- Seven Deadly Sins ("Greed", "Envy" episodes) (1993)
- Cody (1994–1996)
- Cody: Bad Love, Cody: The Tipoff , Cody: The Wrong Stuff, Cody: The Burn Out, Cody: Fall from Grace
- Party Girls (1995)
- Where Angels Fear to Tread (1996)
- Wild Ones (1997)
- Thank God He Met Lizzie aka The Wedding Party (1997)
- The Great Stumble Forward (1998)
- Ketchup (1998)
- Two Girls & a Baby (1998)
- David Carradine's Martial Arts Adventure (1999)
- House Gang (1999)
- Fetch (1999)
- Powderburn (1999)
- Hard Knox (2001)
- The Secret Life of Us (2001)
- Hildegarde aka Hildegarde: A Duck Down Under (2001)
- Marking Time (2003)
- The Surgeon (2006)
- Clubland aka Introducing the Dwights (2007)
Australasian Performing Right Association Awards
Australasian Performing Right Association (APRA) recognises excellence by composers and songwriters with the APRA Awards presented annually since 1982.
|1995||Cody||Most Performed Television Theme||Won|
|Flowers and the Wide Sea||Nominated|
APRA-AGSC Screen Music Awards
These awards are presented annually since 2002 by APRA in conjunction with Australian Guild of Screen Composers (AGSC) for television and films scores and soundtracks. Separate AGSC Awards were inaugurated in 1992 upon the inspiration of Armiger.
|2004||Marking Time||Best Music for a Mini-Series or Telemovie||Nominated|
|1986||Young Einstein[nb 1]||Best Original Music Score||Won|
Australian Recording Industry Association Awards
Australian Recording Industry Association (ARIA) recognises excellence in recorded musical work with the ARIA Music Awards (ARIAs) presented annually since 1987.
|1995||Fornicon||Best Original Soundtrack / Cast / Show Recording||Nominated|
Countdown was an Australian pop music TV series on national broadcaster ABC-TV from 1974–1987, it presented music awards from 1979–1987, initially in conjunction with magazine TV Week but then independently. The Countdown Music and Video Awards were succeeded by the ARIA Awards.
|1984||Martin Armiger||Best Producer||Won|
- The award win was shared with fellow composer William Motzing.
- ""Strangers on a Train" at APRA search engine". Australasian Performing Right Association (APRA). Retrieved 23 October 2009.
- "ASCAP ACE - Search Results for "Armiger Martin John"". The American Society of Composers, Authors and Publishers (ASCAP). Retrieved 25 October 2009.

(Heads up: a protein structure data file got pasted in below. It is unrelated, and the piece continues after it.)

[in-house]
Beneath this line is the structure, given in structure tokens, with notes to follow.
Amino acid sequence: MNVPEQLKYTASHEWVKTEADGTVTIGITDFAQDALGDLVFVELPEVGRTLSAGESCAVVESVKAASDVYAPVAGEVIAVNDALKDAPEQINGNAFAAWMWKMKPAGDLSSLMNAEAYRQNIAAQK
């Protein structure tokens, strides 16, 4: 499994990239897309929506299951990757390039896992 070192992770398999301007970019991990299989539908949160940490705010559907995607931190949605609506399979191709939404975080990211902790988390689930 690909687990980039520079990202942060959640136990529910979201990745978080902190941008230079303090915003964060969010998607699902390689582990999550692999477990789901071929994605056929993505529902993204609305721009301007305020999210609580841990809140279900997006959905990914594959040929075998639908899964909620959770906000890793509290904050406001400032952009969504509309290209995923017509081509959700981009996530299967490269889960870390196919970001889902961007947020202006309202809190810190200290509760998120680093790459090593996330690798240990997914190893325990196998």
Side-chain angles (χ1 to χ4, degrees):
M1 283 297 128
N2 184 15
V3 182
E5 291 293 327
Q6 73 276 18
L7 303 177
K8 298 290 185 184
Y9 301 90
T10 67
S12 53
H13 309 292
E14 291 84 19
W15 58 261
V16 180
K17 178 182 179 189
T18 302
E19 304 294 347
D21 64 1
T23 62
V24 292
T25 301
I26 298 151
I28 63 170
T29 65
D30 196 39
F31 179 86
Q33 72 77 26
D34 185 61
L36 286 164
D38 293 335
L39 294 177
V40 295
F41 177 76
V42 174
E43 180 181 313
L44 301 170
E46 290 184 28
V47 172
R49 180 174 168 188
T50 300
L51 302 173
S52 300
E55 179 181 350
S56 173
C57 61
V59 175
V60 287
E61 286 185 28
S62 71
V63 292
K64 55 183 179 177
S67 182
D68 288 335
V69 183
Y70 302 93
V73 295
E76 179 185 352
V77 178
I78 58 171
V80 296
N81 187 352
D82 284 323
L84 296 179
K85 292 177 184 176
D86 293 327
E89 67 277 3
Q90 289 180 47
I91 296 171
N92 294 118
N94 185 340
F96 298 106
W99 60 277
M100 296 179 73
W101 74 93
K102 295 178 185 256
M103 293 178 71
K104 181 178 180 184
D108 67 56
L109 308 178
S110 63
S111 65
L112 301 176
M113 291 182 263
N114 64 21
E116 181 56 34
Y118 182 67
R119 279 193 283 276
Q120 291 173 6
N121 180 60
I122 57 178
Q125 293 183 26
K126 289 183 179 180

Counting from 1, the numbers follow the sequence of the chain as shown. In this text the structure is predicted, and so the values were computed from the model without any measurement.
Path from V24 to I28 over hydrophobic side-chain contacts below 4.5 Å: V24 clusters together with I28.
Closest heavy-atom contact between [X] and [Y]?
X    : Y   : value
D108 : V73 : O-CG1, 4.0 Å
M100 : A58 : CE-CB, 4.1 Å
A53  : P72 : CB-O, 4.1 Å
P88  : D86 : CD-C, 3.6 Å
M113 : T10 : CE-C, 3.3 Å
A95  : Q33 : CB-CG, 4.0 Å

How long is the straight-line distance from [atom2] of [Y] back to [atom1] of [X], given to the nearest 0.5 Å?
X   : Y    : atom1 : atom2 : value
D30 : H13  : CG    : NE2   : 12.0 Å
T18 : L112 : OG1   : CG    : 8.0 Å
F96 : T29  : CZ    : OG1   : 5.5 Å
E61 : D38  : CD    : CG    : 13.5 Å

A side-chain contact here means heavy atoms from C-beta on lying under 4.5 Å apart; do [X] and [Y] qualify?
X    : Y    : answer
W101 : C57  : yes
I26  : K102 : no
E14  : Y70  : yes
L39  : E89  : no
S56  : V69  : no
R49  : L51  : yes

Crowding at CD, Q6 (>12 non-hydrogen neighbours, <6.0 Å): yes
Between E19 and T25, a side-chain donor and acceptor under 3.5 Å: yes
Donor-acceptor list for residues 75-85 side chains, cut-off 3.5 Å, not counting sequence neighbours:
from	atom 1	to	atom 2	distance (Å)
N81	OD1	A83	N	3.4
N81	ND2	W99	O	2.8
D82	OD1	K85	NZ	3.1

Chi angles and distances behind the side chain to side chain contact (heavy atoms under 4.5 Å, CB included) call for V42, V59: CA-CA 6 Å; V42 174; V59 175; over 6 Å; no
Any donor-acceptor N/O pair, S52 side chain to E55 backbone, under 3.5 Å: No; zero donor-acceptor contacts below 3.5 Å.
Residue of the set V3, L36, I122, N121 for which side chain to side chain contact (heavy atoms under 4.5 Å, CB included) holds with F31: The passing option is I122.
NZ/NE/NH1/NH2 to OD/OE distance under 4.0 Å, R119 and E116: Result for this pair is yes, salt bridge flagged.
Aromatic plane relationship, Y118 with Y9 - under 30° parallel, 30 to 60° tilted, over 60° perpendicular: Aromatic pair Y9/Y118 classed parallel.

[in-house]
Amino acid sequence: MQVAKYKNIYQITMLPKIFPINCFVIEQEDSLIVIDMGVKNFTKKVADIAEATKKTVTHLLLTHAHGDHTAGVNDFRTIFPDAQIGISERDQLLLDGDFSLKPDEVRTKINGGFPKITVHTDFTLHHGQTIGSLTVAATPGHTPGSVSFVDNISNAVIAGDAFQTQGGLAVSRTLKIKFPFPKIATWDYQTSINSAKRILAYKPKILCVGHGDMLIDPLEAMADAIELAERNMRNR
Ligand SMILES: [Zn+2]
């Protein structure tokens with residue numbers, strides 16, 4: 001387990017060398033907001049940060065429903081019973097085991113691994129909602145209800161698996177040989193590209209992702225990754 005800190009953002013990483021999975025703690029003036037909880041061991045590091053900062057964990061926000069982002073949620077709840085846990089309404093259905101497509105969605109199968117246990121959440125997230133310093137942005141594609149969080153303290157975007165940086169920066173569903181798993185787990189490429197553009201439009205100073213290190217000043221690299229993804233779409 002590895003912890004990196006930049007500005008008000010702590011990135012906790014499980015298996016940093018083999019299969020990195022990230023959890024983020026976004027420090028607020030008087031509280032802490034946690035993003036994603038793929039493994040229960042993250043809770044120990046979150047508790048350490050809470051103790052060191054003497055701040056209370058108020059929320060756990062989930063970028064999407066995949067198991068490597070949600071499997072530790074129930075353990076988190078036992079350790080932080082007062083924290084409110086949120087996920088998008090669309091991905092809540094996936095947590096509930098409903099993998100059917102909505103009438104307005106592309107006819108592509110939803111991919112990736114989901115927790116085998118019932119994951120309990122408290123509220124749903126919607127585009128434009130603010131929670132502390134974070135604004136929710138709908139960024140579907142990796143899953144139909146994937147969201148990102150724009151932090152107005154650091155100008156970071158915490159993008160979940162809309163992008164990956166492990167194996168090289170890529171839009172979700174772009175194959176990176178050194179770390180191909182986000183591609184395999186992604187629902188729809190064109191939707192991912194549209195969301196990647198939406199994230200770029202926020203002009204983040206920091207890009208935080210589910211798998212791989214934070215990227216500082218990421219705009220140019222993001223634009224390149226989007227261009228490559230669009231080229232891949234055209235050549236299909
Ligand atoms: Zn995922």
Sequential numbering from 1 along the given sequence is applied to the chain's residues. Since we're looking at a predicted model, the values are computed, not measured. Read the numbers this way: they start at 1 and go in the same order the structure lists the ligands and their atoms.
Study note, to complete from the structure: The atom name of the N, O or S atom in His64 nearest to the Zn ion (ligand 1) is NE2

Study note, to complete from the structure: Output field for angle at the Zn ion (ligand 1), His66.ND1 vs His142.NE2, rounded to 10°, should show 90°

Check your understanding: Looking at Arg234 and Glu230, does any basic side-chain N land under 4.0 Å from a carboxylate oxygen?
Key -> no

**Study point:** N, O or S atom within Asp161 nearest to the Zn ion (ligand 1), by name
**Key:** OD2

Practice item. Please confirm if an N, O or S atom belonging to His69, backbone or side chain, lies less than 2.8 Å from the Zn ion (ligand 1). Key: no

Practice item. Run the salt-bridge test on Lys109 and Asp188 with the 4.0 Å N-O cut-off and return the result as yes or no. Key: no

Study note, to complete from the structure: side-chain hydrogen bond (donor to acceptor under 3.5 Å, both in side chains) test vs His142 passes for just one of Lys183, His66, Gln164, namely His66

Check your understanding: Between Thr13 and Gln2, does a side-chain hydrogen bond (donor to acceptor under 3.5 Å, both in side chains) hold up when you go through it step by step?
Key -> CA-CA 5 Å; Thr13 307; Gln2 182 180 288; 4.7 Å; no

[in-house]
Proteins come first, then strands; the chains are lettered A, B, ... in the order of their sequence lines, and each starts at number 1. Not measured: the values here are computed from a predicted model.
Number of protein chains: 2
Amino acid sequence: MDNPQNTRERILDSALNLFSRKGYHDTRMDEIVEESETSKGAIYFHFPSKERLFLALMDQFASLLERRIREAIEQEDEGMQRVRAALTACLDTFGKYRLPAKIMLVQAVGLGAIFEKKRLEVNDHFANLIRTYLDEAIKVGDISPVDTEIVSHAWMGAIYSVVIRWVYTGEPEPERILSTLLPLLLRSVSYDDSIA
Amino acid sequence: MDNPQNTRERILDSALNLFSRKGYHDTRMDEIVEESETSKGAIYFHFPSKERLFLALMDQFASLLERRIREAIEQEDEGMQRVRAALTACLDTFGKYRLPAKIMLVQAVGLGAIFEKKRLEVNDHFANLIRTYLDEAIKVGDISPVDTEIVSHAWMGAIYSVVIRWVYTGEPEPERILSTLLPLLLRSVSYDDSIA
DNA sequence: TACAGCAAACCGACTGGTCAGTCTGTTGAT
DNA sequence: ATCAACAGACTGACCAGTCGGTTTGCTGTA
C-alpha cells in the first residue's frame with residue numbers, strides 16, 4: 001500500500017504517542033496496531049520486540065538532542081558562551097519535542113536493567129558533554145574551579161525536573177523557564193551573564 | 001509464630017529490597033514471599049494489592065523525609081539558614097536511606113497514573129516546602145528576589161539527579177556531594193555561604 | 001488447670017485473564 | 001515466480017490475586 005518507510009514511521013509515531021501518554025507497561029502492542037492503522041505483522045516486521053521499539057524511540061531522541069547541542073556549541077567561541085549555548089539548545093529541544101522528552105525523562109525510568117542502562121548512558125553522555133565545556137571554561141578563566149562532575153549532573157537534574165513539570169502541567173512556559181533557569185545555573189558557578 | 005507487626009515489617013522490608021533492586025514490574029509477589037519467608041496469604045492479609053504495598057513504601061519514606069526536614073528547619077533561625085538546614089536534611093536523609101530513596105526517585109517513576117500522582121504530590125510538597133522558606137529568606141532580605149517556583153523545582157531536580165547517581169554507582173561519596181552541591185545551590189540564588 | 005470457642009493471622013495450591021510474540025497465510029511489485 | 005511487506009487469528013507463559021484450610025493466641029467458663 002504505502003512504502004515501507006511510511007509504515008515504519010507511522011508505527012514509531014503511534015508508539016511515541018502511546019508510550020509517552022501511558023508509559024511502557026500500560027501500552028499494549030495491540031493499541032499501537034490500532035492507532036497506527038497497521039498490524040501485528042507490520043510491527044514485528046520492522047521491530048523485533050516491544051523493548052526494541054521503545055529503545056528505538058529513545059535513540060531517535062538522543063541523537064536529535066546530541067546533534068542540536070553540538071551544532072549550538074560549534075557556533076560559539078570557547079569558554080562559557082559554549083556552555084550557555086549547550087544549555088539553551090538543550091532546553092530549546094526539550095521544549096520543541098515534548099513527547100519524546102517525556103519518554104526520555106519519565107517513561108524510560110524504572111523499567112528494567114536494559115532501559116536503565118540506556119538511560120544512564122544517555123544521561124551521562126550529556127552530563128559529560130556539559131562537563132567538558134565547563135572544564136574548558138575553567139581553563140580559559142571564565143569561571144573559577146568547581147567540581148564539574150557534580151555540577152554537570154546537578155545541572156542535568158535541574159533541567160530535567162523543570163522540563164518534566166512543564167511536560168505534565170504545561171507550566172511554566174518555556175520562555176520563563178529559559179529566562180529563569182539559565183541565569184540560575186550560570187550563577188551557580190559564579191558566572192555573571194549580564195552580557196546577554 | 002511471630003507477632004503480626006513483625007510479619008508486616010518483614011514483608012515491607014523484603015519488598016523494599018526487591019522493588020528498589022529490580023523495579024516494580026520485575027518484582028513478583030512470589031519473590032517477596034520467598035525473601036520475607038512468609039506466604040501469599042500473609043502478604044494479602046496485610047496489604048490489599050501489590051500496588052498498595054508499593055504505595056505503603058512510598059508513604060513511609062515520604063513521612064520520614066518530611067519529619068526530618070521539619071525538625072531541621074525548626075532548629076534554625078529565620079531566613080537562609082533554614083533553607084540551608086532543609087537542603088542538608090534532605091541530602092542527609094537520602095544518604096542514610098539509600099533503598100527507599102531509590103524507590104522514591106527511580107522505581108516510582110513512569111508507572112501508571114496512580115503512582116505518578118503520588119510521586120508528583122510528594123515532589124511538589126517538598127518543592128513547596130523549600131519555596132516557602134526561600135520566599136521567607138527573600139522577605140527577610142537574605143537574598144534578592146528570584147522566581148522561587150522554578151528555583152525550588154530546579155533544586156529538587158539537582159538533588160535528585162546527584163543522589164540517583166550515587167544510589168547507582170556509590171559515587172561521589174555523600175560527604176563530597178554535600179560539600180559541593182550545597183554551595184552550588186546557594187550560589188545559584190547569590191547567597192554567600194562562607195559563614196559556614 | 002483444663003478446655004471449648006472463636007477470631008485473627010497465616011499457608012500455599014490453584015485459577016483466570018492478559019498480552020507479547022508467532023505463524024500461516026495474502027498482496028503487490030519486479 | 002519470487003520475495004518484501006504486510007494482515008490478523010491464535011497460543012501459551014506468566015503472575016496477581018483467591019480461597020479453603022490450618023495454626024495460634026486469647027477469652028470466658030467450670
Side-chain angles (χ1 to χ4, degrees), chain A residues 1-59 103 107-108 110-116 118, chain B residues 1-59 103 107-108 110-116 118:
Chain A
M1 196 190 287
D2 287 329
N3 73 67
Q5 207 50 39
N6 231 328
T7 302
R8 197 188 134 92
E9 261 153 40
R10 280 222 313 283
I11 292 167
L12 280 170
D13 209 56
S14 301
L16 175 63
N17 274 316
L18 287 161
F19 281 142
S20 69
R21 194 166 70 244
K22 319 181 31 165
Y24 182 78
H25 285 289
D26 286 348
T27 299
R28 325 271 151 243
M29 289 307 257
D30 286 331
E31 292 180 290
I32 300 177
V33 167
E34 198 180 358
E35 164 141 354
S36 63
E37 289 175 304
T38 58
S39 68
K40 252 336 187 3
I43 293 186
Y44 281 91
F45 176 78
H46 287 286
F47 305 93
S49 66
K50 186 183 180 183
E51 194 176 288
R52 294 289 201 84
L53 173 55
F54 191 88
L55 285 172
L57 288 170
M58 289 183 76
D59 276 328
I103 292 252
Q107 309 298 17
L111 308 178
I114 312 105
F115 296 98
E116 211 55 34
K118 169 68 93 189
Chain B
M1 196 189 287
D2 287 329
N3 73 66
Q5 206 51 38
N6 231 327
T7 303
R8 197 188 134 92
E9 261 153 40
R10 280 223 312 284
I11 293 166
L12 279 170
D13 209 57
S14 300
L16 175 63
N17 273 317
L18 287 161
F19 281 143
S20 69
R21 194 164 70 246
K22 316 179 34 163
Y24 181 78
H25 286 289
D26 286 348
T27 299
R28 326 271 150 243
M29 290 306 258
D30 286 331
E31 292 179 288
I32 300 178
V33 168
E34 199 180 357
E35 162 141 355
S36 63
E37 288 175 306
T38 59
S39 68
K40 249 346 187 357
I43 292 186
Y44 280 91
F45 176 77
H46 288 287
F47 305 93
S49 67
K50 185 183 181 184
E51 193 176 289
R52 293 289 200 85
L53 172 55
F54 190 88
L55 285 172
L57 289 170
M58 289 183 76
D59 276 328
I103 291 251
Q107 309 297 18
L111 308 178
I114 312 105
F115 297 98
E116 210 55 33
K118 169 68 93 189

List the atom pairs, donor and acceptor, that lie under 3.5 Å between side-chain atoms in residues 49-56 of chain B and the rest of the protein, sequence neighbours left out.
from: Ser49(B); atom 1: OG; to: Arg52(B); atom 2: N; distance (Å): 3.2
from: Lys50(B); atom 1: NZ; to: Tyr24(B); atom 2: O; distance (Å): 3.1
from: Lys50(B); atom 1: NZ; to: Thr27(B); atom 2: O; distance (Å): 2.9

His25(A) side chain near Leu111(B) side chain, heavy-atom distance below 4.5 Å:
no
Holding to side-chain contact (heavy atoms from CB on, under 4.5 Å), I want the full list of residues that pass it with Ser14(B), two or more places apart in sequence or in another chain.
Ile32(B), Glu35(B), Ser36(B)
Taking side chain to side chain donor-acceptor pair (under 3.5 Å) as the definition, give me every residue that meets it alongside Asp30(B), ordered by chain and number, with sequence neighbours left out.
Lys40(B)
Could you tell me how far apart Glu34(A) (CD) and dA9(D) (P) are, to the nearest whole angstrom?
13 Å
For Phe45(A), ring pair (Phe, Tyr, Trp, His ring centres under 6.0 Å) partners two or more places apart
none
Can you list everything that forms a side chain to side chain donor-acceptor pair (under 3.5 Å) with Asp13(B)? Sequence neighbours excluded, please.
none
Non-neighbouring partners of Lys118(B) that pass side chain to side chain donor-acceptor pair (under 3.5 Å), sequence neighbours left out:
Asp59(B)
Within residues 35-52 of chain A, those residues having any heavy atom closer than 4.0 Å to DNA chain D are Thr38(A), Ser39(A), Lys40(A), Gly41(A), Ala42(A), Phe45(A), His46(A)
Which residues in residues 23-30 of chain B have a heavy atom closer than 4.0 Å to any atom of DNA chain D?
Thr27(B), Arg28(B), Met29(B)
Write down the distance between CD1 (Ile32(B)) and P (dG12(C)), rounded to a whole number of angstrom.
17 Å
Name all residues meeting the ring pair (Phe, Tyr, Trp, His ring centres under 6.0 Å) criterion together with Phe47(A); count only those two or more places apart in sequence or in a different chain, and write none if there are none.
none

- McFarlane, Ian (1999). "Encyclopedia entry for 'The Sports'". Encyclopedia of Australian Rock and Pop. St Leonards, NSW: Allen & Unwin. ISBN 1-86508-072-1. Retrieved 23 October 2009.
- Magnus Holmgren (ed.). "Martin Armiger". Australian Rock Database. Magnus Holmgren. Retrieved 23 October 2009.
- Kent, David (1993). Australian Chart Book 1970–1992. St Ives, NSW: Australian Chart Book. ISBN 0-646-11917-6. NOTE: Used for Australian Singles and Albums charting from 1970 until ARIA created their own charts in mid-1988.
- "AFTRS : Staff". Australian Film Television and Radio School (AFTRS). Retrieved 23 October 2009.[dead link]
- "Distinguished Alumni Awards". Flinders University. Retrieved 31 October 2009.
- Magnus Holmgren (ed.). "Michael Armiger". Australian Rock Database. Magnus Holmgren. Retrieved 24 October 2009.
- "Songwriters - Score Composers - Martin Armiger". Mushroom Music Publishing. Retrieved 29 October 2009.
- "Pure S - Production Credits". The New York Times. The New York Times Company. Retrieved 29 October 2009.
- Magnus Holmgren (ed.). "Paul Kelly discography". Australian Rock Database. Magnus Holmgren. Retrieved 25 October 2009.
- Magnus Holmgren (ed.). "The Kevins discography". Australian Rock Database. Magnus Holmgren. Retrieved 25 October 2009.
- Dennis W. Nicholson (ed.). "SWEET AND SOUR". Australian Soundtracks. Retrieved 25 October 2009.
- "AUSTRALIAN FILM INSTITUTE FEATURE AWARDS 1976–2008" (PDF). Australian Film Institute (AFI). p. 12. Retrieved 30 October 2009.
- "Vince Jones & Grace Knight - Come in Spinner". australian-charts.com. Retrieved 30 October 2009.
- "2008 Screen Awards: Josh Pyke to perform!". Australasian Performing Right Association (APRA). 28 October 2008. Retrieved 31 October 2009.
- "A History of the ABC News Themes". BBC. Retrieved 26 October 2009.
- "Down Under flute riff 'unmistakably' from Kookaburra". news.com.au (News Limited). 29 October 2009. Retrieved 31 October 2009.
- "1995 Winners". Australasian Performing Right Association (APRA). Retrieved 30 October 2009.
- "Nominations - 1995". Australasian Performing Right Association (APRA). Retrieved 31 October 2009.
- "2004 APRA-AGSC Screen Music Awards". Australian Television Information Archive. Retrieved 31 October 2009.
- "Screen Music Awards : History". Australasian Performing Right Association (APRA). Retrieved 31 October 2009.
- "ARIA Awards 2009 : History: Winners by Artist : Martin Armiger". Australian Recording Industry Association (ARIA). Retrieved 30 October 2009.
- "TV Week "King of Pop" Awards". Milesago. Retrieved 30 October 2009.
- "Countdown Archives - 1985 - 25/05/1985". baseportal.com. Retrieved 30 October 2009.
- Angus Cameron, ed. (1985). The Australian Almanac. North Ryde, NSW: Angus & Robertson. ISBN 0-207-15108-3.
- Martin Armiger staff profile at Australian Film Television and Radio School (AFTRS)
- Martin Armiger filmography at Allmovie
- Martin Armiger credits at Allmusic